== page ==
17. Your article was the first I came across when frantically searching on whether or not I am abnormal. As a divorced mom (and one of the reasons for my divorce) co-sleeping, then the family bed seems, only, well, natural!!

    My daughter moved on, to her own room quite naturally as she hit middle school. My 7-year old has gone through phases, but now isn’t even thinking of sleeping in his own room.

    One of the things mentioned in the article is child welfare. Does child welfare frown upon the families sleeping together?

    It is wonderful to hear others just as comfortable as I am.

  18. Great article. I have a 7 year old son who enjoys sleeping near me. We were separated for 6.5 years. I wasnt even allowed to speak to him until I gained custody. He has his own bedroom. Hes not afraid of the dark and really doesnt have a problem sleeping in his own room. I think he just wants to know im close. Most nights im awake (insomnia) so its no big deal to hang out in the boys room until he falls asleep. Once in a while he wanders into my room and plants himself in my bed. Im a single dad who also lives a celibate life so theres no issue with needing intimate time with a wife. My time is 100% open to my son. Its odd that my son wont sleep near any other person though. I enjoy the quality time spent when he sleeps in my bed. Quality time because he sleeps while I usually stay awake and study him. He doesnt toss and turn either. I get to watch him peacefully sleep. Its the only time hes not bouncing all over the place.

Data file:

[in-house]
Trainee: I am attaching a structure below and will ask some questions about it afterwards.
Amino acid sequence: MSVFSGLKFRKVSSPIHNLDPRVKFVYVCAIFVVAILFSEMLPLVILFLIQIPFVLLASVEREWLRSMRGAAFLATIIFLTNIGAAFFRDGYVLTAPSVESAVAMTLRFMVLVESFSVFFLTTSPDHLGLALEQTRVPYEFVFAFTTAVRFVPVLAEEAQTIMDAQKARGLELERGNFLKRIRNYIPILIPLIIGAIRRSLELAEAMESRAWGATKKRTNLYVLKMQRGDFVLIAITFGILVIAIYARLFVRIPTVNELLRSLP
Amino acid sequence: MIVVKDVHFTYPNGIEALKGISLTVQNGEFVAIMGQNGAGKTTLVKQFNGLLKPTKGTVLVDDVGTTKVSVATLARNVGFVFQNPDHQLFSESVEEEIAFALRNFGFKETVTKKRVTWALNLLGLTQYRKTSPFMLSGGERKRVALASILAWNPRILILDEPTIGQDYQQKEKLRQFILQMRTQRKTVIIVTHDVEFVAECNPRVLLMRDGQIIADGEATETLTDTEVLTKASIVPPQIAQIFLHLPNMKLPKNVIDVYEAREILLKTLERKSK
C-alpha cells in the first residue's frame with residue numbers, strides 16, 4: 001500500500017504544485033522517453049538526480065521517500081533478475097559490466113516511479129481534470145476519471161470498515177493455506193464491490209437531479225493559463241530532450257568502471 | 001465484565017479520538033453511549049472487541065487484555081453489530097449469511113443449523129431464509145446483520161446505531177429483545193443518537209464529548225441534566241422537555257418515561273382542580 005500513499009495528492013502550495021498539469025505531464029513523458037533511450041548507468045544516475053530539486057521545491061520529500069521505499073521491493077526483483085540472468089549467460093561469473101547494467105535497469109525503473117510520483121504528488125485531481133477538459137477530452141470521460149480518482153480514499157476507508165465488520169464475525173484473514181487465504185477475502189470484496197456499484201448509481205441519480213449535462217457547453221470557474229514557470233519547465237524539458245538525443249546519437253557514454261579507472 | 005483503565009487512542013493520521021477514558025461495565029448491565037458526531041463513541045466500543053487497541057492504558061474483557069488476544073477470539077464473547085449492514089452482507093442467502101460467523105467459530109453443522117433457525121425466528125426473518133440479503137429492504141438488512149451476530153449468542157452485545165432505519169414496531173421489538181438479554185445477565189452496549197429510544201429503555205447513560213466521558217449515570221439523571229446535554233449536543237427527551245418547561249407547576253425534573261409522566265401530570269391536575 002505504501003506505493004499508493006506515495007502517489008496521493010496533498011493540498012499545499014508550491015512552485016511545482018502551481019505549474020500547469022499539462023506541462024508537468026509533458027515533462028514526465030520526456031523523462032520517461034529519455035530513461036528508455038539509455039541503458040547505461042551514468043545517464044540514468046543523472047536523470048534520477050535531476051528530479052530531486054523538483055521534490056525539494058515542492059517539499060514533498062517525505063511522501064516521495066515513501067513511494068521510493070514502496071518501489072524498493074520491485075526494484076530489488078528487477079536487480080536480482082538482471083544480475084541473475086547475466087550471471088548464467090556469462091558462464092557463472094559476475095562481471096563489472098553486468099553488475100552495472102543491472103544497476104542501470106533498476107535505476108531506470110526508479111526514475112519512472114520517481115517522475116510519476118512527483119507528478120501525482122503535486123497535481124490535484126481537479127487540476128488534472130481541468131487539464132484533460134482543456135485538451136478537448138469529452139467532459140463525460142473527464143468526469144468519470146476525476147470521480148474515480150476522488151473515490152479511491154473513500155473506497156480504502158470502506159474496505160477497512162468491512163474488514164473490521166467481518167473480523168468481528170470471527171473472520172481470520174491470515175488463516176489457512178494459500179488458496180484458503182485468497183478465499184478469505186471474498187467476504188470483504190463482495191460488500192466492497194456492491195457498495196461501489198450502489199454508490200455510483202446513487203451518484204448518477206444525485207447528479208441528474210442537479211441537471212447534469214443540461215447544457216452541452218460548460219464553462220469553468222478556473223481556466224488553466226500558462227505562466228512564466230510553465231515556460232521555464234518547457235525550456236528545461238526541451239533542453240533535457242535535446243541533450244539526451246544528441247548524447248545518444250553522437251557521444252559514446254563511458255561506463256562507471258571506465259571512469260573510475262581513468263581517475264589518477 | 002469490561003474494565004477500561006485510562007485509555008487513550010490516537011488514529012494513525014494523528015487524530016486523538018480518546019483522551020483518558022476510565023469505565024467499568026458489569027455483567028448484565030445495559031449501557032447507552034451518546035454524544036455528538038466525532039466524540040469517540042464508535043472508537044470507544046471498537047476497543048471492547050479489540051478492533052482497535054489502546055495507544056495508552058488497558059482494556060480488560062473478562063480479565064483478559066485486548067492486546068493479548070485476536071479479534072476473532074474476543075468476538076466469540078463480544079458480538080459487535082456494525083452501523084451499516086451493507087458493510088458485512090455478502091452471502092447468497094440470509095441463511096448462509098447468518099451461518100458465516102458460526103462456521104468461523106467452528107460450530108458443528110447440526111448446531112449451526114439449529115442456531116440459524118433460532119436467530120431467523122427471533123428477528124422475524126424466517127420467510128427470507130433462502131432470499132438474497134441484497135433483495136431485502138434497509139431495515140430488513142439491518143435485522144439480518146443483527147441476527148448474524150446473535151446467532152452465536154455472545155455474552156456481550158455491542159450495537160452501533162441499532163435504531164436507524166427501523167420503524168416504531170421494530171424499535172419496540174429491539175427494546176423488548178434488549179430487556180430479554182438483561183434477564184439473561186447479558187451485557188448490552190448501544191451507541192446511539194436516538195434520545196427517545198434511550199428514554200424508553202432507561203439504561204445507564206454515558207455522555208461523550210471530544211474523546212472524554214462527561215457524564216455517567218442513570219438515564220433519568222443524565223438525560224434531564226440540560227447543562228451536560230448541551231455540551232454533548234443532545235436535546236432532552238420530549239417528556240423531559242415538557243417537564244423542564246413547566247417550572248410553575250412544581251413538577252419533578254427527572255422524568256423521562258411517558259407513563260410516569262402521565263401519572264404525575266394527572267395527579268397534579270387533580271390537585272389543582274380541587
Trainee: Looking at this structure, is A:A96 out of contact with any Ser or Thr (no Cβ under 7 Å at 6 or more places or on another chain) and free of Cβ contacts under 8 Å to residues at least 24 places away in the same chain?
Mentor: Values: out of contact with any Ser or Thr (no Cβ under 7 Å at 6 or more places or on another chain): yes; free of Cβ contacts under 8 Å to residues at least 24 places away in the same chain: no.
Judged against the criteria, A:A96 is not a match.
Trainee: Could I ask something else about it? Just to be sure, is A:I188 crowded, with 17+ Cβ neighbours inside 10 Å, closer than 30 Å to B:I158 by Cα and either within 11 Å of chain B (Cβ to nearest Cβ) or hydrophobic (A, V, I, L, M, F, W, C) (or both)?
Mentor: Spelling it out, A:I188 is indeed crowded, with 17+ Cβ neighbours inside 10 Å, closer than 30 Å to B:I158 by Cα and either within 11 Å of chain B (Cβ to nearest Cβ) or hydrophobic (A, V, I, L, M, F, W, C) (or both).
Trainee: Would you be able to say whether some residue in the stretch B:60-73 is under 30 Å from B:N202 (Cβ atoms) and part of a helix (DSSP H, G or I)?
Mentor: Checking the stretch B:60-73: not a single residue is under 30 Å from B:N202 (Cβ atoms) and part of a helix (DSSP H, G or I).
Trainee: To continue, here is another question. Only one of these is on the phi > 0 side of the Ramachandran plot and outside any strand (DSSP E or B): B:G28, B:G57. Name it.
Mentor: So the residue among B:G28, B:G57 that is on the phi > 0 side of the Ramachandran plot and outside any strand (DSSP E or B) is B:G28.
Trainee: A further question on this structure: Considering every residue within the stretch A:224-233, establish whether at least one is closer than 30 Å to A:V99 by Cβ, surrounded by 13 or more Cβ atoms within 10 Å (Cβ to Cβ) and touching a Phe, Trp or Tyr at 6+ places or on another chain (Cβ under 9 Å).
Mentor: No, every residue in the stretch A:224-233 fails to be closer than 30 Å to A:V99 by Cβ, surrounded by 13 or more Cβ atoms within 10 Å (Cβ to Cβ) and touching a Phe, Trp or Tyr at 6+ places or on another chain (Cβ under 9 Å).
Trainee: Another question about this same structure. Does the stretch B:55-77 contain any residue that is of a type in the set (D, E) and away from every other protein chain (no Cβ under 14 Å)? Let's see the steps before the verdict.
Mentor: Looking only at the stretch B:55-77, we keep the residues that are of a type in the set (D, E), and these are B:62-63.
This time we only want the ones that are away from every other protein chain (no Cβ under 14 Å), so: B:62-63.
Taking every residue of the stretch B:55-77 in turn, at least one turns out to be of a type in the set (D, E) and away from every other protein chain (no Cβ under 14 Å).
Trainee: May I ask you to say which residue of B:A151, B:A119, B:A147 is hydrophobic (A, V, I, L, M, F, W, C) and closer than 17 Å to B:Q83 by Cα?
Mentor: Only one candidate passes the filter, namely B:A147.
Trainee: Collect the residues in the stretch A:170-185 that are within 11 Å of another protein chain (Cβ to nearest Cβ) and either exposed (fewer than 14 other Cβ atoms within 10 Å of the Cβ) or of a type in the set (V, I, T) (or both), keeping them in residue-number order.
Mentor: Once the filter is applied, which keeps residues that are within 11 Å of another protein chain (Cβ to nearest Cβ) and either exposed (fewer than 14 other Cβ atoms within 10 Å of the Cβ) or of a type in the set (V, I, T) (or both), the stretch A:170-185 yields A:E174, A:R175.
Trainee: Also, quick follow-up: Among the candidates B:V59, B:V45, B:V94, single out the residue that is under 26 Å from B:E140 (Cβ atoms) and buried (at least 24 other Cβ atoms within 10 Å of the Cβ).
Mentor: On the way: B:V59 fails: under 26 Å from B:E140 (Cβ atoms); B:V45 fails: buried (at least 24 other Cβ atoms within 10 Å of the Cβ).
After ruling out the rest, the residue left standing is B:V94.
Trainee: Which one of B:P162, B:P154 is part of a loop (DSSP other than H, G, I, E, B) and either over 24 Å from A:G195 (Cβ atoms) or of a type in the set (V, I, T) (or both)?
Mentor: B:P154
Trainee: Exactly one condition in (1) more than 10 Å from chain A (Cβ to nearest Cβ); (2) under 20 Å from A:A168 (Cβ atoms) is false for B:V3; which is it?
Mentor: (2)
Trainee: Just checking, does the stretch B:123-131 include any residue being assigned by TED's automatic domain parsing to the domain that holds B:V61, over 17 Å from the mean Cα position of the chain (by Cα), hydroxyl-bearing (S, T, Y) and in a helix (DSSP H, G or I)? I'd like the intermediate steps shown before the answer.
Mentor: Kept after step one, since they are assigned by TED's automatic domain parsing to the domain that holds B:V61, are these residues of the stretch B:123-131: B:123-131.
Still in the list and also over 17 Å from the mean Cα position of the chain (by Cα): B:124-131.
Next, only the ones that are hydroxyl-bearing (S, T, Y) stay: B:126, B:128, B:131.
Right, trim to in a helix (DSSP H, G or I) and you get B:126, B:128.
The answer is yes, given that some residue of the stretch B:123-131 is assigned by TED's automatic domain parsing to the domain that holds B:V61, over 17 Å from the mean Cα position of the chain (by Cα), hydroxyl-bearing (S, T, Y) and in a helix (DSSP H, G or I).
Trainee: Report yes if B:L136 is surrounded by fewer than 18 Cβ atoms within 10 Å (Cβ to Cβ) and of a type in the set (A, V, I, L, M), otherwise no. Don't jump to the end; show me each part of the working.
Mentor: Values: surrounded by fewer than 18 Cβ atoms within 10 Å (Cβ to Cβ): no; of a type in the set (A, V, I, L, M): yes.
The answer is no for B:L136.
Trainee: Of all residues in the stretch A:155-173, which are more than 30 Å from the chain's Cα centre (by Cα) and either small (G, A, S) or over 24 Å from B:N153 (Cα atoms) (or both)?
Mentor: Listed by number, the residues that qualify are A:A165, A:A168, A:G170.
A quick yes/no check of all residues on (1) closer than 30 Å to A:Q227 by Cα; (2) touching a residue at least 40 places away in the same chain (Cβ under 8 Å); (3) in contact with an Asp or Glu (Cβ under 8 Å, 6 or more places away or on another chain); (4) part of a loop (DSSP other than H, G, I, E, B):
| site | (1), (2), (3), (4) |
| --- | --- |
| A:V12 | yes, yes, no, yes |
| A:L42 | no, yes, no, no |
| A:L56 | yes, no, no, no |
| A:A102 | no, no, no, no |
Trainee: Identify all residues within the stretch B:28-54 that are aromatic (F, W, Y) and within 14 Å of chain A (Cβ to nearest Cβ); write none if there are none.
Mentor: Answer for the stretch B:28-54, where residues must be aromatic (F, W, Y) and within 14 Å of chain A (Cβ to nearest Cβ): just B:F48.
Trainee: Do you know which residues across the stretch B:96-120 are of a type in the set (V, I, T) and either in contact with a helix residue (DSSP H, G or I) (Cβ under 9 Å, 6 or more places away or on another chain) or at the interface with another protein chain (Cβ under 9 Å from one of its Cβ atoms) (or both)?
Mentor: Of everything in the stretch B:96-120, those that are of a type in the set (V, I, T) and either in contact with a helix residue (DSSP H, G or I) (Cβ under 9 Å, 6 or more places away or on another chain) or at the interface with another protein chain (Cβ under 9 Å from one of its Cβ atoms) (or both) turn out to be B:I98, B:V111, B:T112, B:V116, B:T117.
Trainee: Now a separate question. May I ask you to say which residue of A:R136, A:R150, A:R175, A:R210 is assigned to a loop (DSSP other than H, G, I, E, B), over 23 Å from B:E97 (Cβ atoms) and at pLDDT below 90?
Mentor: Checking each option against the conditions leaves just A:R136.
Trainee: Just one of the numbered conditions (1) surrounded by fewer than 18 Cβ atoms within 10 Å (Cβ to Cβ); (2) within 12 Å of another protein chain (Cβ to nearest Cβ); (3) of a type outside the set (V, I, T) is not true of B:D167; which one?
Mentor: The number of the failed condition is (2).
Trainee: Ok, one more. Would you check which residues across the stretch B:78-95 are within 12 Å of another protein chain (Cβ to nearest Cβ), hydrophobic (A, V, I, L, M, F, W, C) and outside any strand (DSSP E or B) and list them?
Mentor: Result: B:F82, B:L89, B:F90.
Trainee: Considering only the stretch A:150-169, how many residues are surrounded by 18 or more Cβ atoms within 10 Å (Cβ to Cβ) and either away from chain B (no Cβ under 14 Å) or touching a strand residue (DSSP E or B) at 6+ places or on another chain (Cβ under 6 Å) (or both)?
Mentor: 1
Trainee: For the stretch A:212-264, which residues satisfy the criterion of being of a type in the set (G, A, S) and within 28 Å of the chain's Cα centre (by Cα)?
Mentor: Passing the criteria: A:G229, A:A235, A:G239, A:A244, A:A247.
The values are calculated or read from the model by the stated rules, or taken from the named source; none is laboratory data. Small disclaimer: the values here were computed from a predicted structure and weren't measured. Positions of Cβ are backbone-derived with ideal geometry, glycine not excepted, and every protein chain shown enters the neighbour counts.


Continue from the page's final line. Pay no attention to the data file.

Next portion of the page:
19. I’m not sure what to say here…

    One commenter actually said that she and her husband had plenty of time alone before the kids and they’d have plenty of time after the kids left. So the couple decades that they’re in the house, what… you put your relationship on hold? For what reason, exactly? How is a couple with a non-intimate relationship going to help the kids? How is having two unhealthy, unhappy parents going to be good for the kids? (And yes, I’m assuming a relationship that lacks intimacy has serious risks of being an unhappy one… wouldn’t you?)

    There are legitimate cases of emotional problems or one-off issues that can, IMHO, drive a valid reason for bed sharing. But simply not wanting to set rules in place and stick to them is not a valid reason.

    Kids don’t want to do a lot of things, including playing in traffic or drinking paint. As Super Nanny once said: “Children need boundaries and ground rules.”